During the conversation about leveling my junior year, a number of threads opened up on MaplewoodOnline about the issue. Parents were pissed at the notion of putting their kids in classes with “animals,” a euphemism used often to describe the swarthier denizens of the town. The prospect of combining levels which had implicitly existed to segregate the races was to these angry parents the school district’s declaration to impede the education of the intellectual students by offering charity to those of the lower economic brackets. In these threads, the townsfolk of Maplewood and South Orange, two towns steeped in liberalism, in the championing of civil rights, in the promise of suburban, middle-class, racial harmony, the true colors of race relations in the United States in the 21st century revealed themselves like an unhealed wound. For many, it was routine; people say ignant things on the Internet all the time. Yet, the proximity of these people – neighbors, coworkers, PTA parents – and the candidness of their dialogues disturbed me, for it made me realize that the person who may have given me a ride home that day thought that students who looked like me did not deserve to be in the same classes as their daughter, or that the woman who walked her dog past my house every morning considered young black students from working-class Maplewood to be intellectually or cultural deficient.
There is no legitimate metric to measure intellect for so often the tests which have been developed only take into consideration one specific type of intelligence, the likes of which is never inclusive.
Progressiveness fails us when it posits that only certain people – those who try hard enough – can succeed for hereditary privilege exists to secure the progress of the next generation while ensuring that others stay where they are. It was an unfathomable realization which these white parents felt – but did not understand – to realize that in order for lower-class Black kids to move forward, their children would have to give up the privilege of being in upper-level classes. For de-leveling to work, privileges must be sacrificed.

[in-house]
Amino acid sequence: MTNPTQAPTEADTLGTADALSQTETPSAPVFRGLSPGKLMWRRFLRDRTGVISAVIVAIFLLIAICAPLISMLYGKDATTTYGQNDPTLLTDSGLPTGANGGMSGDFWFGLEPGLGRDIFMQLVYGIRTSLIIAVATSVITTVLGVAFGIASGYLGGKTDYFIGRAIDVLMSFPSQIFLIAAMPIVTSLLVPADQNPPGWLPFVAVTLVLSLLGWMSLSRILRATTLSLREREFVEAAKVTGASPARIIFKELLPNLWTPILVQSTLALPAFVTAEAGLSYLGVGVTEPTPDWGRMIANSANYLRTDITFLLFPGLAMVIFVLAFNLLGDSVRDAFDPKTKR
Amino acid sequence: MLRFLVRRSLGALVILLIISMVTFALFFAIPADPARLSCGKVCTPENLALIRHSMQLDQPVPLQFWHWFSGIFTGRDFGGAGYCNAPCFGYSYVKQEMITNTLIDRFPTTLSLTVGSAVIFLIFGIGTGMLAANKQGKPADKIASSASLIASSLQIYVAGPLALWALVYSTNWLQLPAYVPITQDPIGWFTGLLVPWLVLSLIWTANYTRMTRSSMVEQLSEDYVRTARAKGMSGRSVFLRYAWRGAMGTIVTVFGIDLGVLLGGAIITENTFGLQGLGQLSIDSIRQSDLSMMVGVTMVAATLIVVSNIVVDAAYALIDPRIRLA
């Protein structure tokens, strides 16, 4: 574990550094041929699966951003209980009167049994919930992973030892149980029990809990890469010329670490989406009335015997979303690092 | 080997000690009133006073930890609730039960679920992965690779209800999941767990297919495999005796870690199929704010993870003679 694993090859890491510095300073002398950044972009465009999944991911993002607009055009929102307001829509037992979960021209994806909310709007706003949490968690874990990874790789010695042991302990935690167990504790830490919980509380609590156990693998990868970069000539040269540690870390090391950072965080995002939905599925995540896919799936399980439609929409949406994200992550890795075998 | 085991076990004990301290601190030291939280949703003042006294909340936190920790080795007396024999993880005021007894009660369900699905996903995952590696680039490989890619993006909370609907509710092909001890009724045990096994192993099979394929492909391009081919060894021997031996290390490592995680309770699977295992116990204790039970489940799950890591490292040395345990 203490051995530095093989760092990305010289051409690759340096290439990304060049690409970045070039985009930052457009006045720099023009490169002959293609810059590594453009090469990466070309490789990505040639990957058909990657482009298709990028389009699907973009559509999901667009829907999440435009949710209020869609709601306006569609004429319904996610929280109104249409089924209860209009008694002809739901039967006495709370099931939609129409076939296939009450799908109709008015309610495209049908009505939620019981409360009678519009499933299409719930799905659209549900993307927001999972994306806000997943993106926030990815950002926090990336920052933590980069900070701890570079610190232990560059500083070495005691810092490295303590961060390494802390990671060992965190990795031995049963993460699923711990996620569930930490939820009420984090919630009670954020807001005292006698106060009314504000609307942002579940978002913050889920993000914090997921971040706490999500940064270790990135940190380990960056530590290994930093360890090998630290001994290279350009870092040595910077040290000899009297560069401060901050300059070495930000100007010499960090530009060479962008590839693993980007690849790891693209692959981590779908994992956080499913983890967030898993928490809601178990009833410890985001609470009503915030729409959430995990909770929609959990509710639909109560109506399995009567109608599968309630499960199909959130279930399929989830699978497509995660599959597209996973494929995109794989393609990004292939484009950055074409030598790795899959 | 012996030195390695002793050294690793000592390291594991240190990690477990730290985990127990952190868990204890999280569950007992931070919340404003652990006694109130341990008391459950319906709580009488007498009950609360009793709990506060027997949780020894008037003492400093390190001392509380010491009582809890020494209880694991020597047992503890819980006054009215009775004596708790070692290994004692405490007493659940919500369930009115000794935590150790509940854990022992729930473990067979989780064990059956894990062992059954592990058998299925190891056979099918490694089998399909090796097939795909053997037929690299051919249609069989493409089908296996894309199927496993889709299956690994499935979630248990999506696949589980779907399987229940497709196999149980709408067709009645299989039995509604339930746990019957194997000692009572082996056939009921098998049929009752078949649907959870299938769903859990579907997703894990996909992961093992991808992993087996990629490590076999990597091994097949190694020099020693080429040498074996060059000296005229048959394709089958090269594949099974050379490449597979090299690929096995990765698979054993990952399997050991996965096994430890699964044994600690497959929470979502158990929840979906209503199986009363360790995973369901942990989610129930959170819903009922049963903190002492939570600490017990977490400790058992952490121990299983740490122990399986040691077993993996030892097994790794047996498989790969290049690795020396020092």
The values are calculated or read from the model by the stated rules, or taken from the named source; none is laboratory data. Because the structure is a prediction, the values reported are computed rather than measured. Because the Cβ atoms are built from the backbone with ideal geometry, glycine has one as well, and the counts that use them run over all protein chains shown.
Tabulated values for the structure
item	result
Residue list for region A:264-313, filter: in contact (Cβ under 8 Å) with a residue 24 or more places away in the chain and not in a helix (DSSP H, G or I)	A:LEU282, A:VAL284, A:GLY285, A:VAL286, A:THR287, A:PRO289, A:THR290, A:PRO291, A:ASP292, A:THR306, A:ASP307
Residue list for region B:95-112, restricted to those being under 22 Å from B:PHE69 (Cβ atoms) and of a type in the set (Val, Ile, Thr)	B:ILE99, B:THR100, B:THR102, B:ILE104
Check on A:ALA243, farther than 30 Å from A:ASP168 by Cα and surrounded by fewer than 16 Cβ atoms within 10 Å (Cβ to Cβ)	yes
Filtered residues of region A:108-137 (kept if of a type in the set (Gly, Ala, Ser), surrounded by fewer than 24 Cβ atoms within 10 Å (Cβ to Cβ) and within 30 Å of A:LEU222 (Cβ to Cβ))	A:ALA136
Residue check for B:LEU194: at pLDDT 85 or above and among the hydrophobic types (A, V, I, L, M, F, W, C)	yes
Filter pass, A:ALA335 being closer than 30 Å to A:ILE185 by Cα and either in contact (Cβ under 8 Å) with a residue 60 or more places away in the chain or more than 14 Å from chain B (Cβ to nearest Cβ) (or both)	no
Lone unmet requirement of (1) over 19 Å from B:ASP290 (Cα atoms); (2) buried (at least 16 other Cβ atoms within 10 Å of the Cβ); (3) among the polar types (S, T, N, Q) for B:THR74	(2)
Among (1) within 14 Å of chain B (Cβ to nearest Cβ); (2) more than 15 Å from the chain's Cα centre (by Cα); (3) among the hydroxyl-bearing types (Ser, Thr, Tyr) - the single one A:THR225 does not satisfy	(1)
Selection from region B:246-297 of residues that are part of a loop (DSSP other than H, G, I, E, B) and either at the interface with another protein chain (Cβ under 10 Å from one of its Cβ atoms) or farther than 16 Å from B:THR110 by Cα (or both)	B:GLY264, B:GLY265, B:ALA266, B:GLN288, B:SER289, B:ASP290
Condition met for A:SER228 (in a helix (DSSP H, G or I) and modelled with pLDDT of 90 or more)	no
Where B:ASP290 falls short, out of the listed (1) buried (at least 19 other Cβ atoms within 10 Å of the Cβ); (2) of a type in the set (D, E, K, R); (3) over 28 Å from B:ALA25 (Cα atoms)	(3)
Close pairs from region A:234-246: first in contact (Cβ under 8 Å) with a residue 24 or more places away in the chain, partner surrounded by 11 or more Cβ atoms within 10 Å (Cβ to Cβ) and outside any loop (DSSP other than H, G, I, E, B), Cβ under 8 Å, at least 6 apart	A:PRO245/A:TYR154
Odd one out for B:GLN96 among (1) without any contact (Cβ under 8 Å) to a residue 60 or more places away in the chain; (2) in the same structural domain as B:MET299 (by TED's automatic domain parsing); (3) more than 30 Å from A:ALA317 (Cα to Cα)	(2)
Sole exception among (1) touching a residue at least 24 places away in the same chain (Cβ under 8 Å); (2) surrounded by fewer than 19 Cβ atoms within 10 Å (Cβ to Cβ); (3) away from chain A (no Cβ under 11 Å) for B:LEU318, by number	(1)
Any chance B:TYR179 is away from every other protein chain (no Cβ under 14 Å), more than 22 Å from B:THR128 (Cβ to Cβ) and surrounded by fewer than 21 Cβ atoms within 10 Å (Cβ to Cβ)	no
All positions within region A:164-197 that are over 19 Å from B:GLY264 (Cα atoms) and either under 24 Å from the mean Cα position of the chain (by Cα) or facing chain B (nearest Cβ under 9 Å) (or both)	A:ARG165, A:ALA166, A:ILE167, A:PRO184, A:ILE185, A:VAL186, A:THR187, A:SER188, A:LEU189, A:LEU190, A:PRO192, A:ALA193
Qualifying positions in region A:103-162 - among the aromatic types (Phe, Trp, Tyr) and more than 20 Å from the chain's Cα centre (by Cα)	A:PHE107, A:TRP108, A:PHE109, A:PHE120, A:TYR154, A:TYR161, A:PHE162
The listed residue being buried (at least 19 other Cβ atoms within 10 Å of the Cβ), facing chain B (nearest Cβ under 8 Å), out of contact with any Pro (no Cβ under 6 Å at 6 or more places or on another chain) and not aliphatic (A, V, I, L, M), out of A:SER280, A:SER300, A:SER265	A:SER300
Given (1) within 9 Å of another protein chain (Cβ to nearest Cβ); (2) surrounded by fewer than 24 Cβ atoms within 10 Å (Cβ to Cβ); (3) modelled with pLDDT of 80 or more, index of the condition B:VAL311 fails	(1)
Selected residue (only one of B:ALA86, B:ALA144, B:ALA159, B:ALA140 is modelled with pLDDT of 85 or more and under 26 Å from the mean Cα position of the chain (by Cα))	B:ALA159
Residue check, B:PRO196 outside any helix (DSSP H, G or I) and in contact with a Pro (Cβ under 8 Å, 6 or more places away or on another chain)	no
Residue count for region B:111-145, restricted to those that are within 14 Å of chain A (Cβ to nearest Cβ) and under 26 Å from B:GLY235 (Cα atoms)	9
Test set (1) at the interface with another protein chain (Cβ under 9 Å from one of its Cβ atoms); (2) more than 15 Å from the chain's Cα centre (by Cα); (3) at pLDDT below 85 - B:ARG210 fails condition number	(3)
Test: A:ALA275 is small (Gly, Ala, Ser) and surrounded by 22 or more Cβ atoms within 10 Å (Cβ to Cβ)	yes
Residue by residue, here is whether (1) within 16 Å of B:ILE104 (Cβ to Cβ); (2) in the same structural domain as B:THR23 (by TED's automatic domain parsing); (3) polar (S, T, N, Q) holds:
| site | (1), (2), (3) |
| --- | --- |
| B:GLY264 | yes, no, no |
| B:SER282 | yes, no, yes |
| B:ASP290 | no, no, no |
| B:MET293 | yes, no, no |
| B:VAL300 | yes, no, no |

In the age of once-colonial nations demanding reparations for the atrocities done against them by the British, the French, the Dutch, the Portuguese and the Spanish, this is a conversation which Black Americans should begin to take into consideration when dealing with their ex-colonial masters – White Americans. The issue of reparations is not an issue of funds, but an issue of guilt. The British, according to Prime Minister David Cameron, are no longer responsible for the egregious crimes committed in Jamaica, in Kenya, in Nigeria, and in India for that was an older generation. The current generation of Brits have not seized colonial lands, have not bartered the promise of industrialization and entry into Western civilization for the effacement of all pre-colonial markers of cultural life. The current generation of Brits is an atoned people who exist in a moral vacuum, growing filthy rich from the industries established and maintained in the colonial era.
This detachment is visible in Maplewood and South Orange in the way that white parents seek to view educational progress. By working hard, I have been able to establish myself and to give my children a good life. The realization that this “hard work” is subjective and impacted ultimately by the privilege of whiteness, by the privilege of middle-classness, goes unmentioned and unaddressed. And it is markedly difficult to make oneself aware of a phenomenon which in its very nature is invisible, is insidious. Yet, question that privilege, that unspoken truth, and watch their eyes grow red with fire in defense, all so that the poor can benefit from the hard work of the rich while the rich themselves flounder and do not progress.
How exactly does one progress further into richness? How rich can a person be before they realize the emptiness of their existence, the summation of their lives in dollars and cents?
By twelfth grade, children who were best friends in elementary school do not know one another anymore. They pass each other in the hall, staring at each other as if asking themselves from where they recognized that face, which is but a stretched out and hairier version of the one they used to love seeing. White children who once had Black friends now shrink in fear at the sight of them in the hallway, at the notion of being around them, for they have learned in school and among their friends that black people are incapable of progress. They ask themselves “What’s wrong with these kids?” or “Why are they so stupid?” while the black kids ask the same things about themselves in the mirror. And while these children conduct themselves in two different schools which occupy the same coordinates in spaces, it becomes as clear as day that the school district has done its job by failing them both.